13. Waltner, E.-M.; Scharenberg, K.; Hörsch, C.; Rieß, W. What Teachers Think and Know about Education for Sustainable Development and How They Implement it in Class. Sustainability 2020, 12, 1690. [Google Scholar] [CrossRef][Green Version]
  14. Borg, C.; Gericke, N.M.; Höglund, H.-O.; Bergman, E. Subject- and experience-bound differences in teachers’ conceptual understanding of sustainable development. Environ. Educ. Res. 2014, 20, 526–551. [Google Scholar] [CrossRef]
  15. Hörsch, C.; Waltner, E.-M.; Scharenberg, K.; Rieß, W. Bildung für Nachhaltige Entwicklung als fächerübergreifende Aufgabe—Merkmale von Lehrkräften und Unterrichtspraxis in verschiedenen Fachkulturen. In Lehr- und Lernforschung in der Biologiedidaktik: Band 9; Kapelari, S., Möller, A., Schmiemann, P., Eds.; StudienVerlag: Innsbruck, Austria, 2020. [Google Scholar]
  16. Fishbein, M.; Ajzen, I. Belief, Attitude, Intention and Behavior: An Introduction to Theory and Research; Addison-Wesley: Reading, MA, USA, 1975. [Google Scholar]
  17. Rogers, R.W. A Protection Motivation Theory of Fear Appeals and Attitude Change. J. Psychol. 1975, 91, 93–114. [Google Scholar] [CrossRef]
  18. Kuhl, J. Motivation, Konflikt und Handlungskontrolle; Springer: Berlin/Heidelberg, Germany, 1983. [Google Scholar]
  19. Heckhausen, H.; Gollwitzer, P.M. Thought contents and cognitive functioning in motivational versus volitional states of mind. Motiv. Emot. 1987, 11, 101–120. [Google Scholar] [CrossRef]
  20. Ajzen, I. Attitudes, Personality, and Behavior, 2nd ed.; Open University Press: Maidenhead, Berkshire, UK, 2005. [Google Scholar]
  21. Ajzen, I. Consumer attitudes and behavior: The theory of planned behavior applied to food consumption decisions. Ital. Rev. Agric. Econ. 2015, 70, 121–138. [Google Scholar] [CrossRef]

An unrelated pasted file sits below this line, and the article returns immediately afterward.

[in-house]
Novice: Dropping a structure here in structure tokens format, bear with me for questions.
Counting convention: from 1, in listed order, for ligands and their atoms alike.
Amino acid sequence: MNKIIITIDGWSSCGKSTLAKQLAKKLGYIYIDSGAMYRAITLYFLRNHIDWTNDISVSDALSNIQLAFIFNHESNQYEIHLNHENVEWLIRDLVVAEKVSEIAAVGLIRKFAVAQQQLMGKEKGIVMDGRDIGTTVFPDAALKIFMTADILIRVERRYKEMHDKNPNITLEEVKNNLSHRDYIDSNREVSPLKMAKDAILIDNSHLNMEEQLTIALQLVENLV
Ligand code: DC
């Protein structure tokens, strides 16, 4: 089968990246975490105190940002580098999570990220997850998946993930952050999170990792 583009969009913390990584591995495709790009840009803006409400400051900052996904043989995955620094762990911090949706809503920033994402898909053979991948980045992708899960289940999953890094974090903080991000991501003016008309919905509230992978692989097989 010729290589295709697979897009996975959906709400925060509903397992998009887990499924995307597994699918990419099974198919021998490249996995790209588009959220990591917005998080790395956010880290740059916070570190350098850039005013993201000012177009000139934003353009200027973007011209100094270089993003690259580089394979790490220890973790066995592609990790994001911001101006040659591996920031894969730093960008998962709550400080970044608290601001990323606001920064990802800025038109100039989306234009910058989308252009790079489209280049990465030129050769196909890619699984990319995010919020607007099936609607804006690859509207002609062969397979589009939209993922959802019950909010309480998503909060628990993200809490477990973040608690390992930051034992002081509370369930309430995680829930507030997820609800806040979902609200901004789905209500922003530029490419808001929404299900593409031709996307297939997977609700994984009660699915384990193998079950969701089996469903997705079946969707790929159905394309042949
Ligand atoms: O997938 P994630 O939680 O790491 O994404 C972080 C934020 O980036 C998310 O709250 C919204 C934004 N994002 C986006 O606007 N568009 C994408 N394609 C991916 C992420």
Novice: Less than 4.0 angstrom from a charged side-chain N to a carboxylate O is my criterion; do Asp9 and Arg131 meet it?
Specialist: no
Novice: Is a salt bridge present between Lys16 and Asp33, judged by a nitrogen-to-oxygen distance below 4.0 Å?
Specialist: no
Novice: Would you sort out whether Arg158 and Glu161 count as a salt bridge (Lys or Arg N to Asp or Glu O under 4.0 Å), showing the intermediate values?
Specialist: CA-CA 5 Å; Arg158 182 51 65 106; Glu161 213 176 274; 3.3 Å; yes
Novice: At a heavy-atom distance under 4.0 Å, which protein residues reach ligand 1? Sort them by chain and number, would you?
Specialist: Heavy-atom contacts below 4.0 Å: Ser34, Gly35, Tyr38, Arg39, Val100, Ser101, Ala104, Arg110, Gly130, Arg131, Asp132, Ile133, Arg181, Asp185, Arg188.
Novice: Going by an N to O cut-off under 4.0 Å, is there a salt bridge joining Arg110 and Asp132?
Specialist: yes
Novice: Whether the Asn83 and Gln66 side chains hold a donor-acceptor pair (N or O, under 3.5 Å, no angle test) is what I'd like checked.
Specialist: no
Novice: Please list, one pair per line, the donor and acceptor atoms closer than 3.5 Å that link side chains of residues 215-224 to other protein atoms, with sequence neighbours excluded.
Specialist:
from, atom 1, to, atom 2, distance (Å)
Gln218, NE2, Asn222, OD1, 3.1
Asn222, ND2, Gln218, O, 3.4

22. Armitage, C.J.; Conner, M. Efficacy of the Theory of Planned Behaviour: A meta-analytic review. Br. J. Soc. Psychol. 2001, 40, 471–499. [Google Scholar] [CrossRef] [PubMed][Green Version]
  23. Gifford, R.; Nilsson, A. Personal and social factors that influence pro-environmental concern and behaviour: A review. Int. J. Psychol. 2014, 49, 141–157. [Google Scholar] [CrossRef]
  24. Mayerl, J. Kognitive Grundlagen sozialen Verhaltens.: Framing, Einstellungen und Rationalität, 1st ed.; VS Verlag für Sozialwissenschaften: Wiesbaden, Germany, 2009. [Google Scholar]
  25. Hasbullah, N.; Mahajar, A.J.; Salleh, M.I. Extending the Theory of Planned Behavior: Evidence of the Arguments of its Sufficiency. Int. J. Humanit. Soc. Sci. 2014, 4, 101–105. [Google Scholar]
  26. Stranieri, S.; Ricci, E.; Banterle, A. The Theory of Planned Behaviour and Food Choices: The Case of Sustainable pre-packed Salad. Proceedings in System Dynamics and Innovation in Food Networks 2016. Int. J. Food Syst. Dyn. 2016, 209–212. [Google Scholar] [CrossRef]